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© Copyright 2012. Catherine Crout-Habel. Seeking Susan ~ Meeting Marie ~ Finding Family  

My Scottish Grandmother… Marie

 

Ah, Marie … whatever must you have thought watching your Ozzie Grandchildren delighting in the knowledge, and exotica, of having a Scottish Grandmother and also a Scottish Grandfather? …but this is your story Marie not Harry’s. His can wait for another time.

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I have no memory of dad ever talking about his mother, Marie Ogilvie, except for one occasion. I was growing into adulthood; he looked across the table and said quietly,

“You look like my mother, Catherine”

Sadly, during a time of great distress, Harry Scarborough Crout destroyed his mother’s photos. The thought crosses my mind that he may not have known much at all about his mother being only sixteen, and little more than a child, when he left her and his homeland to go adventuring in this wide, brown land.

However, dad was very clear about his mum’s nationality – Scottish – no doubt about it.  He spoke about her two red headed rather wild Scottish brothers and how they liked their whiskey. We marvelled as he described how one brother, in a drunken rage, took his dagger and slashed his girlfriend’s name from his arm after she betrayed him.  The creepy story, he loved to tell, about someone being walled up in a Scottish castle to die, had we four children shivering in our shoes. Whether these tales were fantasy or fact I do not know but we delighted in the drama and identified even more with our Scottish Grandmother, Marie.

Firmly imprinted in my memory dad’s pleasure in banging out Scottish tunes on the piano and the piano accordion …

“Cock-a-doodle, cock-a-doodle, I’m the Cock of the North”

comes readily to mind. He also delighted in “Deoch and Doris”…

“If ye can say, it’s a braugh bricht moonlicht nicht t’ nicht, then yer a’richt ye ken.”

Over the years, many sought our Grandmother’s Scottish birthplace and soon came to realise there are a huge number of Ogilvies in Scotland!!! At one time we thought it likely she was one of the border Ogilvies, and an ancestor of the famed balladist /poet Will Ogilvie. Although revelling in that romantic notion, persistence finally revealed the truth.

Unforgettable is the day my paternal grandparent’s Marriage Certificate finally arrived. Following the paper trail, it soon became clear that my “Scottish Grandmother” was born in 1880 in Leeds, Yorkshire, England the third child of Emma Chadwick and James Ogilvie and younger sister to Christina and John. Brother James was born in 1882, followed closely by sisters Lucy, Jennie and Maggie. The 1881 Census gives the family’s address as 27 Roxburg Street, Hunslet, Leeds and most likely Marie was born at home – so, not Scottish at all.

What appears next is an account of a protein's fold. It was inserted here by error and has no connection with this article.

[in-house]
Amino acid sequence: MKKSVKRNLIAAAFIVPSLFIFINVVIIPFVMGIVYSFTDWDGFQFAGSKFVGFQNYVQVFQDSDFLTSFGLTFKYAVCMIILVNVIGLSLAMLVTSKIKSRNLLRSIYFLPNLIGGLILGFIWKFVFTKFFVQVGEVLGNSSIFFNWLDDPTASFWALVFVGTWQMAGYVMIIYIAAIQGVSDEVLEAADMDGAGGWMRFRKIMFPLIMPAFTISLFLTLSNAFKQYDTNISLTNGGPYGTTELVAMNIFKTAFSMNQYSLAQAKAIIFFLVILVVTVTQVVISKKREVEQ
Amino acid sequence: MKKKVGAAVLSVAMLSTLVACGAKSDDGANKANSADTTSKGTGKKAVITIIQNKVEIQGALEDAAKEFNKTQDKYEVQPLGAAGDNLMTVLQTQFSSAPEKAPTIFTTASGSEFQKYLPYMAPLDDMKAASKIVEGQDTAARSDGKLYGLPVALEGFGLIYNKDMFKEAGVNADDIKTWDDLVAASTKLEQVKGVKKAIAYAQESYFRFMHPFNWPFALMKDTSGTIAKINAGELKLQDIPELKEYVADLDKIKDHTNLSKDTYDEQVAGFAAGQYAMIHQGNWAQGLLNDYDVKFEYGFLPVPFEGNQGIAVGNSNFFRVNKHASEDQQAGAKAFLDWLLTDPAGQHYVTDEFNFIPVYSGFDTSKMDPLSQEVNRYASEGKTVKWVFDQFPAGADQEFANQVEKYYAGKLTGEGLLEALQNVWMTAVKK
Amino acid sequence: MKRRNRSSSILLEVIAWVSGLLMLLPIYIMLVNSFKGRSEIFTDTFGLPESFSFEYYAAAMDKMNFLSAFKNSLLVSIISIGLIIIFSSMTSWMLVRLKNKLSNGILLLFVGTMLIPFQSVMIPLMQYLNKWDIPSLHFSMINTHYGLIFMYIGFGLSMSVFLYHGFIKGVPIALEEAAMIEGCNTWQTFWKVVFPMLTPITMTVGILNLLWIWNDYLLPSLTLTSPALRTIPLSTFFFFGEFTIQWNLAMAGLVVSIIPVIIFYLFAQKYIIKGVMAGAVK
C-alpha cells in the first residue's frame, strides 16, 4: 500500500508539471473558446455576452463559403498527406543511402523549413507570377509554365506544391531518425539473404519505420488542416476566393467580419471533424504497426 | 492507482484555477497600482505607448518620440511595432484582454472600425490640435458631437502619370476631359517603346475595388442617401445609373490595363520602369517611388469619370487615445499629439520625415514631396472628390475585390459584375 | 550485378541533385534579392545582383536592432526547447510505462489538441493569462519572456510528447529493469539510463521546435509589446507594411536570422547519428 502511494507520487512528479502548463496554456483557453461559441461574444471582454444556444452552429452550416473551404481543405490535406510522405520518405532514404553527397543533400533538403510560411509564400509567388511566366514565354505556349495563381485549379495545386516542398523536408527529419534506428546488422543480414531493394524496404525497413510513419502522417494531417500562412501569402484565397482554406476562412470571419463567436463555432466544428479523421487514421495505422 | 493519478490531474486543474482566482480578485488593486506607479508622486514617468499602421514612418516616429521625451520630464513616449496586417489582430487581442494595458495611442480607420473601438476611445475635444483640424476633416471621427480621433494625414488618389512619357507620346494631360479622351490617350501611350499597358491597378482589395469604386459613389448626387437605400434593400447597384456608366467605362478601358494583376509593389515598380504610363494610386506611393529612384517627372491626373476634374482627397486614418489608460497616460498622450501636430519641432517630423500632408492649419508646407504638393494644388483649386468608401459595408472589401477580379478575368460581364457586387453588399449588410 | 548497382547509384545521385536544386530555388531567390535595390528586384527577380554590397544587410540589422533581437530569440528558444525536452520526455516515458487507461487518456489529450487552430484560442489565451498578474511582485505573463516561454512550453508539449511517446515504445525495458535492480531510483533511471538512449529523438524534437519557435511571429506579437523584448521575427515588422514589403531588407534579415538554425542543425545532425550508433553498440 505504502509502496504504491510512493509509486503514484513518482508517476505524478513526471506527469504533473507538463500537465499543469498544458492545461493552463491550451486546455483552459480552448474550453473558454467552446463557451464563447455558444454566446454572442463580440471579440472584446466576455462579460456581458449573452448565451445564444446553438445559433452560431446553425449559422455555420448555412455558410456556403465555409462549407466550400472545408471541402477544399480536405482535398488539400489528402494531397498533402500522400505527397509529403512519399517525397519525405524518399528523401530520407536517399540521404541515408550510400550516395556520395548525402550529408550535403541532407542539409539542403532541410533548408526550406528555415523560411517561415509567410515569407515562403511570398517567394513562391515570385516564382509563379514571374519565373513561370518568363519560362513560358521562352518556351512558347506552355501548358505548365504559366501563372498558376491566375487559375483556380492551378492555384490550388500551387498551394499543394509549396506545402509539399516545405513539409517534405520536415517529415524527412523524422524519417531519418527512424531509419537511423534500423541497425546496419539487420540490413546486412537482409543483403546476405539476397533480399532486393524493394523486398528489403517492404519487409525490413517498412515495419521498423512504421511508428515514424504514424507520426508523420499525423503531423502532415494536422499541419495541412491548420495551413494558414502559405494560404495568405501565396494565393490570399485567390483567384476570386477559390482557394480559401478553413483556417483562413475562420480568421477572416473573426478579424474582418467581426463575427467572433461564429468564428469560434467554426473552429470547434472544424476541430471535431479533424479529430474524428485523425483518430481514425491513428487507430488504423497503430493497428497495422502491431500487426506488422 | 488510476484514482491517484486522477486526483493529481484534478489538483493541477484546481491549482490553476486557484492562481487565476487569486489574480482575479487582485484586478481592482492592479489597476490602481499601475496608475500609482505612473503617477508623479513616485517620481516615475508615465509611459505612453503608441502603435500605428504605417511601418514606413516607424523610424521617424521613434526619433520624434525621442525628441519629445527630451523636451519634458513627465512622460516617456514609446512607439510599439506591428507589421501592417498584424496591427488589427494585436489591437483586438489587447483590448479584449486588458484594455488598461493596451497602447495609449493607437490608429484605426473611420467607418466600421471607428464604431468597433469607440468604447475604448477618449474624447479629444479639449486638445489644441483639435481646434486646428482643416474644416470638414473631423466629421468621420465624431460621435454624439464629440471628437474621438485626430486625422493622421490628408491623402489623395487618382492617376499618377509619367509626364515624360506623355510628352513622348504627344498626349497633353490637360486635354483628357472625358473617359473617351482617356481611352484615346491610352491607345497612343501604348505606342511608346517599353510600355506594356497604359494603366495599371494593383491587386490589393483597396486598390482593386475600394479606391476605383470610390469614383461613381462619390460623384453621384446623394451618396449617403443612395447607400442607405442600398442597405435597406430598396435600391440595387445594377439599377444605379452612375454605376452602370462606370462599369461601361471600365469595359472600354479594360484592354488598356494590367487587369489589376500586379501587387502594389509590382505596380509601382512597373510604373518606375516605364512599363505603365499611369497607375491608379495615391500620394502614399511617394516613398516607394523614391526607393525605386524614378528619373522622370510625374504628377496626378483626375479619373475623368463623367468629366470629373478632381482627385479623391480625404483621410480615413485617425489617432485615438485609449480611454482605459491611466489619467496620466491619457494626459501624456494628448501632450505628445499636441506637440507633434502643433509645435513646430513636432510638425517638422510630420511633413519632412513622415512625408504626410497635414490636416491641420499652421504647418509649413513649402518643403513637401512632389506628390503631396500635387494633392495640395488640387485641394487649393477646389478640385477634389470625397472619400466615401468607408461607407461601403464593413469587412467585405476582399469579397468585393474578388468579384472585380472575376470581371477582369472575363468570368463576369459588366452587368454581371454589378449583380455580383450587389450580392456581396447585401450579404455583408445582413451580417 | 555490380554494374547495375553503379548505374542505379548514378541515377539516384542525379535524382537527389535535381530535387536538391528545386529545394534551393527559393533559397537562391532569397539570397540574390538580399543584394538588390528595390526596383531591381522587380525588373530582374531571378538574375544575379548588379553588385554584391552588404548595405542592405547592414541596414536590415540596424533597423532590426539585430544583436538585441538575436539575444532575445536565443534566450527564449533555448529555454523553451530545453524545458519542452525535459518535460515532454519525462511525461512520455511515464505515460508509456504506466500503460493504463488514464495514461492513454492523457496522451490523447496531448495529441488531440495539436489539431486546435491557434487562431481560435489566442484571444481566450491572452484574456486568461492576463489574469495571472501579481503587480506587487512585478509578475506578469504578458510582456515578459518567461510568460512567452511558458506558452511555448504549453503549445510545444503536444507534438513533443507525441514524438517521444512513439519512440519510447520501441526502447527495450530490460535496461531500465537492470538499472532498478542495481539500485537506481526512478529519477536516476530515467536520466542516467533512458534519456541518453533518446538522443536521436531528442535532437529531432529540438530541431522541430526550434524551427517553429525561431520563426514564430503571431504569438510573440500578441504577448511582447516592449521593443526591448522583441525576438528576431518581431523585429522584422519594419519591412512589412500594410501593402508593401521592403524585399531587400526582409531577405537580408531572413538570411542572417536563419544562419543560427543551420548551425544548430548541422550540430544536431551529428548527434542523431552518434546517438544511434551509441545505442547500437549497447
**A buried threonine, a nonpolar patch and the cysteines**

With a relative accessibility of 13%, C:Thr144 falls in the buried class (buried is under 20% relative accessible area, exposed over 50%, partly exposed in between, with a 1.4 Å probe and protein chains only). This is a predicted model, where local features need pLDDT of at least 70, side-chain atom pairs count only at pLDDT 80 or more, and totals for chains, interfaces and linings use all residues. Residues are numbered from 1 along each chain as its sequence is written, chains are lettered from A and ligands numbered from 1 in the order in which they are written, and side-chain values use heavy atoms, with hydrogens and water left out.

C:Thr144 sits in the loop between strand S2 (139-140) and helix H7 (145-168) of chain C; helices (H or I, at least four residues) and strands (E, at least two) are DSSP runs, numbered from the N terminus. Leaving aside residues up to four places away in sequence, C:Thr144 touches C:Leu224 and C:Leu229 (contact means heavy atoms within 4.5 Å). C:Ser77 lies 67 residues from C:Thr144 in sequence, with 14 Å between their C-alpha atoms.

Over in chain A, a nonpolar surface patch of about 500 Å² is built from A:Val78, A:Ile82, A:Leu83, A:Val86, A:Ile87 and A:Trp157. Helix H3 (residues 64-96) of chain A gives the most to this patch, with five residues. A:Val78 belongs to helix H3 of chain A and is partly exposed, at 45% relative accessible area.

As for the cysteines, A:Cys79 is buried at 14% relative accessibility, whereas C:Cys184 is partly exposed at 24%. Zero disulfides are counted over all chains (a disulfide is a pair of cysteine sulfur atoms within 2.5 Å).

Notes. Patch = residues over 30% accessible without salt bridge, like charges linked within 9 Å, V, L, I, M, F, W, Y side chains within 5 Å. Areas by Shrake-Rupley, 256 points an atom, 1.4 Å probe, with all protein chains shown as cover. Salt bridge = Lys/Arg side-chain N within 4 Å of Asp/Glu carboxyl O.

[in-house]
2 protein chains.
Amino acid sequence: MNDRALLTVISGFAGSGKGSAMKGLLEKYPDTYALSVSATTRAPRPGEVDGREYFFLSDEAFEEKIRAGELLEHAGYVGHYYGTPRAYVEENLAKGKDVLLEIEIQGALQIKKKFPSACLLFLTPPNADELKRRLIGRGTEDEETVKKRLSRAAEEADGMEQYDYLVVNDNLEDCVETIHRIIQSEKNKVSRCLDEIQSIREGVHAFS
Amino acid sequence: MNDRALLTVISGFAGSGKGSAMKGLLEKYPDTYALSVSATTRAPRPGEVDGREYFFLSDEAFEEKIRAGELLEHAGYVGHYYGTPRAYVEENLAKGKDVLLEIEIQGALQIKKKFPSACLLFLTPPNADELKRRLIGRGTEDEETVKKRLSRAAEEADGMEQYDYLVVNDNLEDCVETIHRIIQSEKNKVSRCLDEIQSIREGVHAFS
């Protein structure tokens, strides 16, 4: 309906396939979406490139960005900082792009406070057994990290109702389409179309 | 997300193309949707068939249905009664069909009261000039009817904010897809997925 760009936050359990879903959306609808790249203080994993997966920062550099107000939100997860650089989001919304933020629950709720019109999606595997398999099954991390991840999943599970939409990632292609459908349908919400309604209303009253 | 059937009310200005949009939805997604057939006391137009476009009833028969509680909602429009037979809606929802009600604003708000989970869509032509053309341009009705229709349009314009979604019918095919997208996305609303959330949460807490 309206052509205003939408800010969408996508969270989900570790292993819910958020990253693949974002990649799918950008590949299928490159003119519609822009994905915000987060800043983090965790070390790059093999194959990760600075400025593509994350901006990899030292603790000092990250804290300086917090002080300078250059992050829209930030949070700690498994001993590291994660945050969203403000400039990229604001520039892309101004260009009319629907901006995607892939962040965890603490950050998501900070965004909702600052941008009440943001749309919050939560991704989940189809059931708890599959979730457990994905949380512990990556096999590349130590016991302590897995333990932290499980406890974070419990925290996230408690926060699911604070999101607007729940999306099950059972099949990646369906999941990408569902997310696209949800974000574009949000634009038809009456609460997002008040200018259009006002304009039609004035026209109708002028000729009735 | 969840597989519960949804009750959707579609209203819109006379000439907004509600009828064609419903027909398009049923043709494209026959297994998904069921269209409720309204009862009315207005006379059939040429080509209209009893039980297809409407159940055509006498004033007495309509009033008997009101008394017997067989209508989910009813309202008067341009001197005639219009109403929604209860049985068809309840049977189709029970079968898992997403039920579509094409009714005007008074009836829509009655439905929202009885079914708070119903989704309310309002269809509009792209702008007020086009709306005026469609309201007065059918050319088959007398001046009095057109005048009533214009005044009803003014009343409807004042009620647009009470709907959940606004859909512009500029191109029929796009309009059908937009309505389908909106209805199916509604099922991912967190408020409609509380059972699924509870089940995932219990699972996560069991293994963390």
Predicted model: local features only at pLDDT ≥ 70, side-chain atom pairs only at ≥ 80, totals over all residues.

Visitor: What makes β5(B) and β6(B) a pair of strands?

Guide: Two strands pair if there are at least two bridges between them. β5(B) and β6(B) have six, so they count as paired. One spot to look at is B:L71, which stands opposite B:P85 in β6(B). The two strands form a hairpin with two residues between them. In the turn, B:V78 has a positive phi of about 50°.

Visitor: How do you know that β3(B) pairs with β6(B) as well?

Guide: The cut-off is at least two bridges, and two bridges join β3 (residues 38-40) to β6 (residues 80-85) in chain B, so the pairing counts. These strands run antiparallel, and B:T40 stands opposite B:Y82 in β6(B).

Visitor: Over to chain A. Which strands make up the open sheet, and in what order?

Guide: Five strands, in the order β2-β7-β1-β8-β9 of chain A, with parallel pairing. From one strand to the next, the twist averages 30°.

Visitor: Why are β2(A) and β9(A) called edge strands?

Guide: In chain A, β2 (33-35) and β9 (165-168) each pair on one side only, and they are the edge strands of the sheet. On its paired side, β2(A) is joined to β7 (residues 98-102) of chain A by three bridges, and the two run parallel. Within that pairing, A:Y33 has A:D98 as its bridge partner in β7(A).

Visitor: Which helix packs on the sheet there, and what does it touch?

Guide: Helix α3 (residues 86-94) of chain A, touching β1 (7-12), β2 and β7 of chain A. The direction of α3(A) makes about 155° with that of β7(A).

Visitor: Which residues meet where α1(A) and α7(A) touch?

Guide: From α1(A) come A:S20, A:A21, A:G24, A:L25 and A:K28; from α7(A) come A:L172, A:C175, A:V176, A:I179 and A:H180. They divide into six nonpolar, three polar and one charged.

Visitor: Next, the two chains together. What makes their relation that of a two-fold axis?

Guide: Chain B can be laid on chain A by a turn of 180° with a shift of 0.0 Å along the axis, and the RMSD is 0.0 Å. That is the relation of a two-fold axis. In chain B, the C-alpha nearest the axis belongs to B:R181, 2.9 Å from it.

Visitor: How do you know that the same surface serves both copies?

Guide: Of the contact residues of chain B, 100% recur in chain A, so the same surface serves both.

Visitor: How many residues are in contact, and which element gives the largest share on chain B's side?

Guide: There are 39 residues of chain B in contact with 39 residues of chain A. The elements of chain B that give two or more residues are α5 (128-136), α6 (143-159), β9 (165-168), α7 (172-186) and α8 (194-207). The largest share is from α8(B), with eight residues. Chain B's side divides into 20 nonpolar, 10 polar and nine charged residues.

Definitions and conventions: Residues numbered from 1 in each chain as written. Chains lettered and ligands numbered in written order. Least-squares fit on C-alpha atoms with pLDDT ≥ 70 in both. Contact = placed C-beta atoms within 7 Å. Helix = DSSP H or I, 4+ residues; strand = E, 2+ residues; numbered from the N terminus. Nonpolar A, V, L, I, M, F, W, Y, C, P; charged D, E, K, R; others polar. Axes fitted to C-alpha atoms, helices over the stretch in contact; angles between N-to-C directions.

However, all is not lost for Marie’s dad, James Ogilvie, certainly was Scottish. James was born in 1854 in Elgin, Morayshire, Scotland, the second son of Christina McKenzie and John Ogilvie.  It seems that Marie may have been close to her father and identified with her cultural heritage through his Scottish Nationality. She was named Mary Emma but used the Scottish form, Marie, throughout her life. Most probably this would have been the version her father used and maybe her mother.

Two more children, Margaret Anne and Jean, were born to Christina and John, in Elgin. Their father died at home, 49 High Street, on 8 May 1858 when Jean was just a baby, leaving Christina to rear their family alone during very difficult times. 

James’ older brother, Alexander, moved to London shortly after their father’s death where he settled and raised his family.  James moved to Leeds, after 1871, marrying Emma Chadwick in the Leeds Registry Office on 18 May 1875.  He worked as a Currier and Leather Dresser all of his life, raising his family and dying in Leeds, Yorkshire England late in 1908 at the age of 54.  Margaret and Jean stayed with their mother in Elgin, Scotland.

Well, my Grandmother Marie wasn’t Scottish, after all, but she sure came from a long line of Scottish Highlanders.  Her dad and granddad were both born in Elgin and grandmother, Christina McKenzie, hailed from Drumnadrochet a little village close to Loch Ness.

Time and again we find that our beloved family stories may be out of kilter by a generation, or two, but a grain of truth often remains. 

Born an Englishwoman, Marie (Mary Emma) Ogilvie was a true Scot at heart … I believe.

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(c) Copyright 2012. Catherine Crout-Habel. Seeking Susan~Meeting Marie~Finding Family